Sri Lankan logistics experts push for professionalism in transport planning
ECONOMYNEXT – Sri Lankan logistics professionals are pushing for a more scientific approach to transport planning, the lack of which has led to worsening traffic jams that are acting as a drag on economic growth.
“For Sri Lanka to harness its potential as a logistics hub, we have to have indigenous processes that suit our situation, developed and managed locally,” said Amal Kumarage, senior professor in the Department of Transport and Logistics Management at the University of Moratuwa.
“Logistics hubs elsewhere, like Singapore and Hong Kong, build on the strengths of local universities getting involved in different sectors,” he told a news conference.
An advantage in business can only be built on solid principles and from the foundation up, said Kumarage, who is also president of the Sri Lanka Society for Transport and Logistics (SLSTL) and chairman of the organizing committee of the ‘R4TLI-2017’ forum.
Research for Transport & Logistics Industry or R4TLI this year is the second international conference initiated by SLSTL to promote research and development in the transport and logistics sector in Sri Lanka.
The research conference, to be held on Saturdy, 22nd of July at the Galle Face Hotel, intends to build a platform where the needs of the industry can be discussed and scientific processes showcased through research presentations.
Kumarage said Sri Lanka needs to develop its own resources – people with necessary training and background – to emerge as a logistics hub.
“Now our universities are producing graduates in transport and logistics. It did not happen 10 years ago. Several universities are doing it now,” he said.
“In the past we had a big problem of not having specially trained people in important sectors but this need is now being met.”
The country needs to develop tools, systems and methods that industry can use, Kumarage said.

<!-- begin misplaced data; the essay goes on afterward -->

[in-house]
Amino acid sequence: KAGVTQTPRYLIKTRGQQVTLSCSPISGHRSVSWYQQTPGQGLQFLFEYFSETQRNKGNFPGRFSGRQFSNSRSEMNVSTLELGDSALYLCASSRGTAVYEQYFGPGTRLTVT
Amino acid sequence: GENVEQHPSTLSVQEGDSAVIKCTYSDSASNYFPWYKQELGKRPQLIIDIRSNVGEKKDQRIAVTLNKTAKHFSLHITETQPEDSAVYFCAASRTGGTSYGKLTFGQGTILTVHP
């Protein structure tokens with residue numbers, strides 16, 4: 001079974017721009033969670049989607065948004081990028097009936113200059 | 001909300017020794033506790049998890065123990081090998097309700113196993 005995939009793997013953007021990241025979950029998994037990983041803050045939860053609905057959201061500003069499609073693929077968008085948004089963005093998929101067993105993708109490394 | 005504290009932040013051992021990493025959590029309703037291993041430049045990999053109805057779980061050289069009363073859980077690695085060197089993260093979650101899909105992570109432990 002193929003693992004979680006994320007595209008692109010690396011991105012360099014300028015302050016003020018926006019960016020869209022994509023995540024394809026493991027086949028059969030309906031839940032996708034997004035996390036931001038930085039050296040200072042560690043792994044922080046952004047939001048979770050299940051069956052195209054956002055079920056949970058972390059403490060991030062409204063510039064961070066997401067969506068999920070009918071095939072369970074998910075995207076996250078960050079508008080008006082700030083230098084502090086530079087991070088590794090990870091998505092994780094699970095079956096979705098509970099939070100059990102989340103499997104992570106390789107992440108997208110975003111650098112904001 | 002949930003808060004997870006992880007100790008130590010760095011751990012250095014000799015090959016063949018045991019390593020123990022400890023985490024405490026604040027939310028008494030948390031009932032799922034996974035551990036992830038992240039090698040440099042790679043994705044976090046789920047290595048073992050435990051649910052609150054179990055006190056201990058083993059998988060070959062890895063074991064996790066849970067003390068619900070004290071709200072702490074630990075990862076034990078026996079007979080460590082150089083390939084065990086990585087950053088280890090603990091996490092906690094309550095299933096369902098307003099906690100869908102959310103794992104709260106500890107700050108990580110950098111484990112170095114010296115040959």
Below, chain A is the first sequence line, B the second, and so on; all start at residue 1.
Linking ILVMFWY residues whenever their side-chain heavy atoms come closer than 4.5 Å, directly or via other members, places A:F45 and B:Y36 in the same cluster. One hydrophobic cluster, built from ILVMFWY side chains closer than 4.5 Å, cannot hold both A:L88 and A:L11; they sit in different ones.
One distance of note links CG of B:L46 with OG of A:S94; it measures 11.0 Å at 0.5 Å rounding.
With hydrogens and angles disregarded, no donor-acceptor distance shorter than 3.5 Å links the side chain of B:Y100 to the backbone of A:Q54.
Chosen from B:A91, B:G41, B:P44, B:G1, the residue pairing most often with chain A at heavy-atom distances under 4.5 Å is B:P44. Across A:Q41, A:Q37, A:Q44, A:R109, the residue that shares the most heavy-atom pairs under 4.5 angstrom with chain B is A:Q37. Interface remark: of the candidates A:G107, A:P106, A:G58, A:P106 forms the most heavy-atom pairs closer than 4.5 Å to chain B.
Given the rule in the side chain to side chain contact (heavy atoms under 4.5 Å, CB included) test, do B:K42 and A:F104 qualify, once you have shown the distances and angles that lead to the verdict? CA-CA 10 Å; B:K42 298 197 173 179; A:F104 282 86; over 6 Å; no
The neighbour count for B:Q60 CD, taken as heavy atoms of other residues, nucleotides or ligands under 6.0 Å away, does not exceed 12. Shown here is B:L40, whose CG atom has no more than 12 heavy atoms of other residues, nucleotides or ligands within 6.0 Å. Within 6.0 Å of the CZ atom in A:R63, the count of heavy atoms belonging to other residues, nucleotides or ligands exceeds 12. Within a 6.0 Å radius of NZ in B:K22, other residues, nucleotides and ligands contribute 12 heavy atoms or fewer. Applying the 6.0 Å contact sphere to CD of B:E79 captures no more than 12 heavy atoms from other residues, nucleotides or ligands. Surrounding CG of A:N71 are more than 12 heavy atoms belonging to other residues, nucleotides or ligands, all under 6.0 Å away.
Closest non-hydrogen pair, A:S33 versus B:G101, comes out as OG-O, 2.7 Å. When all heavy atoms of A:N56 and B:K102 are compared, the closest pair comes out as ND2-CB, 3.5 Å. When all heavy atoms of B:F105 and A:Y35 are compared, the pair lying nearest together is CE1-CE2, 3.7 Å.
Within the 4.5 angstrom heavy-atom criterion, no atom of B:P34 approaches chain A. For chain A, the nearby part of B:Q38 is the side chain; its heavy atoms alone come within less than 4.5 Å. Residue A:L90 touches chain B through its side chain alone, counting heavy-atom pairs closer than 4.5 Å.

In Sri Lanka’s passenger and freight transport sector a lot of systems are still manual, having evolved over time, and tend to be very much the domain of people who gathered their skills purely by experience.
“But leading transport and logistics hubs have gone for modern methods, ICT-based methods, for optimisation and science-based techniques,” Kumarage said.
“That’s where Sri Lanka needs to have headway in the next 10 years – to develop our own tools and techniques, together with people qualified to use them so Sri Lanka can, within the next 10 years, actually begin to exploit our own resources much better than today. The R4TLI-2017 conference is our own contribution to develop that kind of thinking.”
Most of the research to be presented on Saturday was done by Sri Lankans or those in Sri Lanka.
“We’re pitching the quality of research at a very high level, the papers have gone through a very severe review process because we want to encourage good research, methodologically defendable research,” Kumarage said.
“We also want to direct research to actual applied areas – that’s why it is called R4TLI. Each paper is applicable to industry. While we do value pure, basic research, this is all about applied research.”
The 41 papers to be presented this year in 12 sessions vary from policy to operations, to networks to modelling and to management, covering different aspects of transport and logistics delivery systems.
They cover all modes of transport – ground, aviation and sea and both passenger and goods transport.
Sri Lanka Society for Transport and Logistics, which is a Domestic Member of Eastern Asia Society for Transportation Studies (EASTS), said R4TLI is an initiative that would help diagnose current issues and identify potential improvements based on scientific evidence.
It aims to build a platform where the needs of the industry can be discussed and scientific processes developed for rectification of issues can be showcases through research presentations.
The keynote speakers are Tetsuro Hyodo, a professor of the Tokyo University of Marine Science and Technology who will speak on logistics planning in Japan and Alex de Barrows, a professor of the University of Calgary, Canada who will speak on trends in airport planning.
(COLOMBO, July 19, 2017)